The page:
TWRFock "Miiie-lias  been  closed
down the last couple of weeks owing
norn~<Monday. Jan. 25th. to -Mr. and ] to a \wk 0f funds.   It fs reported that
Mrs. Wm. Carrol, Coyote St, a son.
All doing fine.    Uncle Johnny smiling.
Information of Interest to Those Who
Sympathize With Labor's
Progressive Movement
Here is another illustration of in-
temationa-l labor solidarity that does
not 'iiqupear in the Stilly papers, and
which shows that if labor were given
a fa-ir chance the horrors of war and
war kself would soon disappear. Tlie
organ of the seamen of Ilolan.d contains au article from the pen of the
President of die. Belgian seamen in
which lie describes a prison camp that
has been established hy theillritislL sen
men near Xoptliernhuiu, England, to
which all captured Cerman seamen are
sent. An estate, called lia-at Cote
House, wa,s purchased by the British
seamen some time ago and fairly comfortable accommodations were provided to feed and house the ntt-ii of the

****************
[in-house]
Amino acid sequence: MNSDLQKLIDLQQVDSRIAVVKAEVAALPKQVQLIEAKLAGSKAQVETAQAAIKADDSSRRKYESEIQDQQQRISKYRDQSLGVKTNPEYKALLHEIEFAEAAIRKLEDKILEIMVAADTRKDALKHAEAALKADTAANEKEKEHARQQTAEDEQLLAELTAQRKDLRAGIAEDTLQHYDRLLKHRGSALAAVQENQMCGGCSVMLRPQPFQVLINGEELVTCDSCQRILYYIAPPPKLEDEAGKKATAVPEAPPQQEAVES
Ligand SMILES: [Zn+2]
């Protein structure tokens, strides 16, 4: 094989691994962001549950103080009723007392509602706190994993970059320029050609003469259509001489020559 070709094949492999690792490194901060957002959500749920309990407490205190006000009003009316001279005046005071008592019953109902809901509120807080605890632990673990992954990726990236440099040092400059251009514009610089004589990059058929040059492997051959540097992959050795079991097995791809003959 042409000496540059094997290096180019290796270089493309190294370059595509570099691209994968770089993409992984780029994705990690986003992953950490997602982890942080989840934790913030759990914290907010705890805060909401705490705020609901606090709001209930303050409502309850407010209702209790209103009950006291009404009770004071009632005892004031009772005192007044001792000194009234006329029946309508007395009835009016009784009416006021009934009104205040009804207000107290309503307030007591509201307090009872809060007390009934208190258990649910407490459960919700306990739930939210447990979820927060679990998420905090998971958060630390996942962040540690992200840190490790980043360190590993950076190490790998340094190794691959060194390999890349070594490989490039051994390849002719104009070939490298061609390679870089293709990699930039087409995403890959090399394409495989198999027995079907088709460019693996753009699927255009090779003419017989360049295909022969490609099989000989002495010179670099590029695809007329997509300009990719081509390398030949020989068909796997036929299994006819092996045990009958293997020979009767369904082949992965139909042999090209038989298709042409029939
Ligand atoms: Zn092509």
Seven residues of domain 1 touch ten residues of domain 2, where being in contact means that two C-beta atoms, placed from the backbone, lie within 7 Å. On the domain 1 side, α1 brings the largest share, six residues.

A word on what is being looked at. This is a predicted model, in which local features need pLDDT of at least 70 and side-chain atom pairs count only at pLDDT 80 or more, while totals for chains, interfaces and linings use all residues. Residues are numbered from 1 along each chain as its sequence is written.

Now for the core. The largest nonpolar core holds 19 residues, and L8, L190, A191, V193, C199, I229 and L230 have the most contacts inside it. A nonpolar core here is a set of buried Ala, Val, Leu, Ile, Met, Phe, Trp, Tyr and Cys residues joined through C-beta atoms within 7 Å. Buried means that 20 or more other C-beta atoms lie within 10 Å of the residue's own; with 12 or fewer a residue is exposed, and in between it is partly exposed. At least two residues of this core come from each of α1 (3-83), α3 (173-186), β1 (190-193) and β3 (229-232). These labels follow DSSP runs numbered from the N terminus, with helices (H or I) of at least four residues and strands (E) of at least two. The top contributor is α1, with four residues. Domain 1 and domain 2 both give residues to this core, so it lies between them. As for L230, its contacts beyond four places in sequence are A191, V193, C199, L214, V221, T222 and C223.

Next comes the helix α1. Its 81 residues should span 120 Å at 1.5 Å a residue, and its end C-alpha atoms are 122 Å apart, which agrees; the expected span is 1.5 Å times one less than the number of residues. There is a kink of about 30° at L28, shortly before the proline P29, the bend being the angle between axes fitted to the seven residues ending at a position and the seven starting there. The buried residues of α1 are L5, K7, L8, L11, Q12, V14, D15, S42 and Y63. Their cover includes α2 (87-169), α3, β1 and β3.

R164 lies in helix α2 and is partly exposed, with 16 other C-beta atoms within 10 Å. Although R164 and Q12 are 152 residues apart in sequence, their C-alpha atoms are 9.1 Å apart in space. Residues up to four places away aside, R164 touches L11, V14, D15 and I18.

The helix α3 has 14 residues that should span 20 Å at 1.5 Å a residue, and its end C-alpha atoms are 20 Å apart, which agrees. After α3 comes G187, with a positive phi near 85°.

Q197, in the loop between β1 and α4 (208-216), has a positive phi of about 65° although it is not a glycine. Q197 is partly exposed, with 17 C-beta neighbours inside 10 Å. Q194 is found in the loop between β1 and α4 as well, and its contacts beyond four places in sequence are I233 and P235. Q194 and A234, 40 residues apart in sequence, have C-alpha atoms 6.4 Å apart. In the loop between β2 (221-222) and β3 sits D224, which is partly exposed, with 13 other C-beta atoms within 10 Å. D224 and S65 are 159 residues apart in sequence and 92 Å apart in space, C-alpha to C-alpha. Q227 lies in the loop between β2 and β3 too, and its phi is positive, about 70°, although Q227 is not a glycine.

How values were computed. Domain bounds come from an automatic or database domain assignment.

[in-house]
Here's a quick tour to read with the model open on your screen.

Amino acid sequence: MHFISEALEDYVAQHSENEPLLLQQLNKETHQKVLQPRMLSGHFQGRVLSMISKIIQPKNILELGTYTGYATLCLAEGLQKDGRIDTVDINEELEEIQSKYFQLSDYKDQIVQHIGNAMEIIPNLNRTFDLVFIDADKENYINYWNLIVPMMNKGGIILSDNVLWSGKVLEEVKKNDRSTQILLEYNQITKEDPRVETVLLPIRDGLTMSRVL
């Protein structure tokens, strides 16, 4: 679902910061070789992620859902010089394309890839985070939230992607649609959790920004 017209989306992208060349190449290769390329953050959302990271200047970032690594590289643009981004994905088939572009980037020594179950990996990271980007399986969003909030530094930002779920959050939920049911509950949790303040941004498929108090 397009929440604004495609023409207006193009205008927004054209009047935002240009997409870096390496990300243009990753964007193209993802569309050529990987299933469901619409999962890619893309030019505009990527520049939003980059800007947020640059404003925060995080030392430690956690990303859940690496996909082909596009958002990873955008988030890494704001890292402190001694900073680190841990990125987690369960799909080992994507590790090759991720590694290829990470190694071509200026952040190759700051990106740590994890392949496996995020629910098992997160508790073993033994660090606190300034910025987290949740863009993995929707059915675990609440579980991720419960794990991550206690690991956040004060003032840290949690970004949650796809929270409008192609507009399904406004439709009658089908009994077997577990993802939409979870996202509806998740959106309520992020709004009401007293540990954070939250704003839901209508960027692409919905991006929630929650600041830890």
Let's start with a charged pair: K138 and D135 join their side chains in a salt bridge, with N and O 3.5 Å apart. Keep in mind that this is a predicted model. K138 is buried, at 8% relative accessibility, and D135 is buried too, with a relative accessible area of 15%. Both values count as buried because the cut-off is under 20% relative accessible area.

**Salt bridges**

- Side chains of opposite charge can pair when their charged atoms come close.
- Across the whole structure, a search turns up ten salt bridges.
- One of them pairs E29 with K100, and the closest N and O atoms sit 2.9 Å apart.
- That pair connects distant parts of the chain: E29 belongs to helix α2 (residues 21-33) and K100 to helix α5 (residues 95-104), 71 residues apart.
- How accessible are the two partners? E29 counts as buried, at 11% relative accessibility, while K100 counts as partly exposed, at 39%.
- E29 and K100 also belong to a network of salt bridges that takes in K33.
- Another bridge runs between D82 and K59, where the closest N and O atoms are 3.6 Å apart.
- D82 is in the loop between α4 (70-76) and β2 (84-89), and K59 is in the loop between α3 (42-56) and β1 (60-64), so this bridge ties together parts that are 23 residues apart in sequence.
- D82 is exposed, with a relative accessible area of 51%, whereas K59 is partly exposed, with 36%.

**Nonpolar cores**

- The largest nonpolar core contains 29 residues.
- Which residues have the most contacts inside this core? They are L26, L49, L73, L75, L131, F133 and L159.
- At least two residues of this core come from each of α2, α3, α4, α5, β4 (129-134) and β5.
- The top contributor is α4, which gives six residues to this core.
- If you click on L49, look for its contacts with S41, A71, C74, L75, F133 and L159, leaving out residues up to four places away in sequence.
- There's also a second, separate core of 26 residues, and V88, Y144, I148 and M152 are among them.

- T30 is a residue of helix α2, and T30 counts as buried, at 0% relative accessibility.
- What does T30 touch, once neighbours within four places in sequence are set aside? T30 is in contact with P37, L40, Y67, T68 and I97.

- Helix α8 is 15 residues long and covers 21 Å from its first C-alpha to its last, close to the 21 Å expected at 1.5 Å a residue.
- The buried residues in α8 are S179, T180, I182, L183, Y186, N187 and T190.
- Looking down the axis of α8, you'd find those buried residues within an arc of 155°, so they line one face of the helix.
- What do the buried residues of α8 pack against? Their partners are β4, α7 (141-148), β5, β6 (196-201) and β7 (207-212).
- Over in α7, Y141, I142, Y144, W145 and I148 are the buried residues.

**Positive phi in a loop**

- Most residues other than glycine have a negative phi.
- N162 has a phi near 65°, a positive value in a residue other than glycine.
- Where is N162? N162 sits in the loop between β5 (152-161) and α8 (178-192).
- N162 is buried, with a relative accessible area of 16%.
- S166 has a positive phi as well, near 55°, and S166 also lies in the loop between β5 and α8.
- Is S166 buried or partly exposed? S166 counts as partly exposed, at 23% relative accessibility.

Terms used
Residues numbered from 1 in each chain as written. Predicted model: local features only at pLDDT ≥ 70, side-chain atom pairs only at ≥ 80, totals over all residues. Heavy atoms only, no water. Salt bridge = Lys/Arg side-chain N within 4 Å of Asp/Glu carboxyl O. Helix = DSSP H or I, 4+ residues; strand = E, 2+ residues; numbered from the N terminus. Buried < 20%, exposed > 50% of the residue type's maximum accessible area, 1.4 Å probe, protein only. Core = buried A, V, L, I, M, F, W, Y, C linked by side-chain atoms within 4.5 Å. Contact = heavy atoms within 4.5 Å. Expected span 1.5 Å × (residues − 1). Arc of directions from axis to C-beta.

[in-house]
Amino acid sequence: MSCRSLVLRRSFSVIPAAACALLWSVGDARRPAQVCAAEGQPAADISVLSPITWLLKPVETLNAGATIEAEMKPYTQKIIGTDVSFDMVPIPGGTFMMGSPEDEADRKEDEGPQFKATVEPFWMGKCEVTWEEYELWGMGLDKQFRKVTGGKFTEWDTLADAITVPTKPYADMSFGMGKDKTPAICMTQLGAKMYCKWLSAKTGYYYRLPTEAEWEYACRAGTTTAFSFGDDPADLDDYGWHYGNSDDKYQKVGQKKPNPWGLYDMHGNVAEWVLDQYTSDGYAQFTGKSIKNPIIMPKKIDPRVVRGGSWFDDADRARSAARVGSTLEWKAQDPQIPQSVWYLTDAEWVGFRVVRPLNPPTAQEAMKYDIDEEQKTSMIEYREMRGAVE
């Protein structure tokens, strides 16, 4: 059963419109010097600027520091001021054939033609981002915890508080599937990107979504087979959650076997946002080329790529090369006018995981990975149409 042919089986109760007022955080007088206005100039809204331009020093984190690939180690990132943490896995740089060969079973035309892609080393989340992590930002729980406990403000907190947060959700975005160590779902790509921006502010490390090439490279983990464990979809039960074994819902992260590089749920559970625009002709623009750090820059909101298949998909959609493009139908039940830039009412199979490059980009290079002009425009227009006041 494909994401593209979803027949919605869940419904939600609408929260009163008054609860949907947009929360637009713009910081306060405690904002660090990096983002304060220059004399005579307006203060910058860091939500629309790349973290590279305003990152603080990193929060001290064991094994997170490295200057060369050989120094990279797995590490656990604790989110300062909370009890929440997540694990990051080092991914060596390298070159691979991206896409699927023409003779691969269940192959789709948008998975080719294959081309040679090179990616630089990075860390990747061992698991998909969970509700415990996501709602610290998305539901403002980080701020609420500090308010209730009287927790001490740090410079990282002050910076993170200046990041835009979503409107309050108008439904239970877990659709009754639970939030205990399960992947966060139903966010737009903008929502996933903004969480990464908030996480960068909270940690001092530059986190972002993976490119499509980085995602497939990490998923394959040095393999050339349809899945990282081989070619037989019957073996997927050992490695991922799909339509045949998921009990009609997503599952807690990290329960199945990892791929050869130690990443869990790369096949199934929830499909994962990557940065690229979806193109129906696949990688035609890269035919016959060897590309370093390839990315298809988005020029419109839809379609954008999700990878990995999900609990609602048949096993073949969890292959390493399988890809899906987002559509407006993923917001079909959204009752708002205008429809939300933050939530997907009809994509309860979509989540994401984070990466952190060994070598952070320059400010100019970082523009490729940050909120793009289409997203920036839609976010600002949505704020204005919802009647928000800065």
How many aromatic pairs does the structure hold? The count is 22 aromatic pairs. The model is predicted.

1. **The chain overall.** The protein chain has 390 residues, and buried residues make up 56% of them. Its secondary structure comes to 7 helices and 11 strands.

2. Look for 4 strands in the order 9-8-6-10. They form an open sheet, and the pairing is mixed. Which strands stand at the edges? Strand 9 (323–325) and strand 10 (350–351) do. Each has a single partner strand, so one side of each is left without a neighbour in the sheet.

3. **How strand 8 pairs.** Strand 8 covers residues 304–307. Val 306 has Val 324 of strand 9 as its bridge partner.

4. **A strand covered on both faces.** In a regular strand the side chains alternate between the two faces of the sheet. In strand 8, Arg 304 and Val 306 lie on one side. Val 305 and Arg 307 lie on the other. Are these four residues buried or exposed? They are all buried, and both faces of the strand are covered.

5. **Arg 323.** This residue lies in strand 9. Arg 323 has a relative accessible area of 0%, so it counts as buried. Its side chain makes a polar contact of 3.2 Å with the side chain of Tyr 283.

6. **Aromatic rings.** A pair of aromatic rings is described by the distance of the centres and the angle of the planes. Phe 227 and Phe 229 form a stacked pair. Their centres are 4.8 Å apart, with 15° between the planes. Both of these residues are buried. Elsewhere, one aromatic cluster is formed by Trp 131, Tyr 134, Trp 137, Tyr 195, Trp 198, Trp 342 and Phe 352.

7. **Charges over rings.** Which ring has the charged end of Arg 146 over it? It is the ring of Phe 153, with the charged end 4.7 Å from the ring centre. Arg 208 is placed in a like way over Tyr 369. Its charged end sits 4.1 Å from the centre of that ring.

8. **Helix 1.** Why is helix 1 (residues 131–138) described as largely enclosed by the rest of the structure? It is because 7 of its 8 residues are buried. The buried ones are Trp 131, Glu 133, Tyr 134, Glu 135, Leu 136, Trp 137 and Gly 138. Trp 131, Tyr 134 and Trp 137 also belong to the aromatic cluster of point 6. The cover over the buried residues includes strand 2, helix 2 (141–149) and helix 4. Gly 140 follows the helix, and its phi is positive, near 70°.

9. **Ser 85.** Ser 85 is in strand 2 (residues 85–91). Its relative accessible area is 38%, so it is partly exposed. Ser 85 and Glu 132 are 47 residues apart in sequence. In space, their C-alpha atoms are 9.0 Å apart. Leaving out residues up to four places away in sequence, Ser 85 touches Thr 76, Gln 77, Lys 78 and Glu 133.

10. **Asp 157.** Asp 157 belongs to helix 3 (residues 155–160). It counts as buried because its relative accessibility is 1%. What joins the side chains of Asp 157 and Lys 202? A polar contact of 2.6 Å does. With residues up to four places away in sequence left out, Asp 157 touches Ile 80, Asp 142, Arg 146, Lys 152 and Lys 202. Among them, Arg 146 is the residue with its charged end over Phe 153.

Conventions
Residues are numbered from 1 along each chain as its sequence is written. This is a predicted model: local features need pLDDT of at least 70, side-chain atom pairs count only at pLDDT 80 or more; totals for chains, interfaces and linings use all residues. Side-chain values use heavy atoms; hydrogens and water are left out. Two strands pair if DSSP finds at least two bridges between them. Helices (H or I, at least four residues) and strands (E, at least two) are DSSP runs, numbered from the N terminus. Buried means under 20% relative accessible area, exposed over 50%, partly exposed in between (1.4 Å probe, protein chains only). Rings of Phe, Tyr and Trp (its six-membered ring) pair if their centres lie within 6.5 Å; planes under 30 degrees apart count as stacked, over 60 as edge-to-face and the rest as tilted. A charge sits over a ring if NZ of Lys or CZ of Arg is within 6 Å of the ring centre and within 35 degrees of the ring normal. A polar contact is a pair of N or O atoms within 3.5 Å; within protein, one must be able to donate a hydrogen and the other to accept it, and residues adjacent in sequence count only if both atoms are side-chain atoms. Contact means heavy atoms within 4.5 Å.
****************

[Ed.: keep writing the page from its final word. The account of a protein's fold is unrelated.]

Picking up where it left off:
sea who i'aJI Into British hands. The
British government a-pproi>ri'.ites $2.40
a week for eitch prisoner in the detention camp, and there is little complaint
of suffering among the .mariners, as
they are trea-ted like brothers by the
union officials who -have the place In
charge and probably wouldn't run away
if they could. Many of the German
prisoners were members of the British
union at one time or other, and so
tliey spend a -.fairly enjoyable Mme
among their British comrades, who declare they are doing all in their power
to preserve the bond of international
fraternity ancl good will,
c     *     -j
Army s cu.iidals, due to the greed oi
contractors who r.rnish supples hf-e
iMis-ed quite a hubbub In Kngland. Tne
trade unionists nnd Socialists charge
tl-a.t tlie contractors are exploiting clothing workers in a shameful manner,
paying $5 or less a week for work that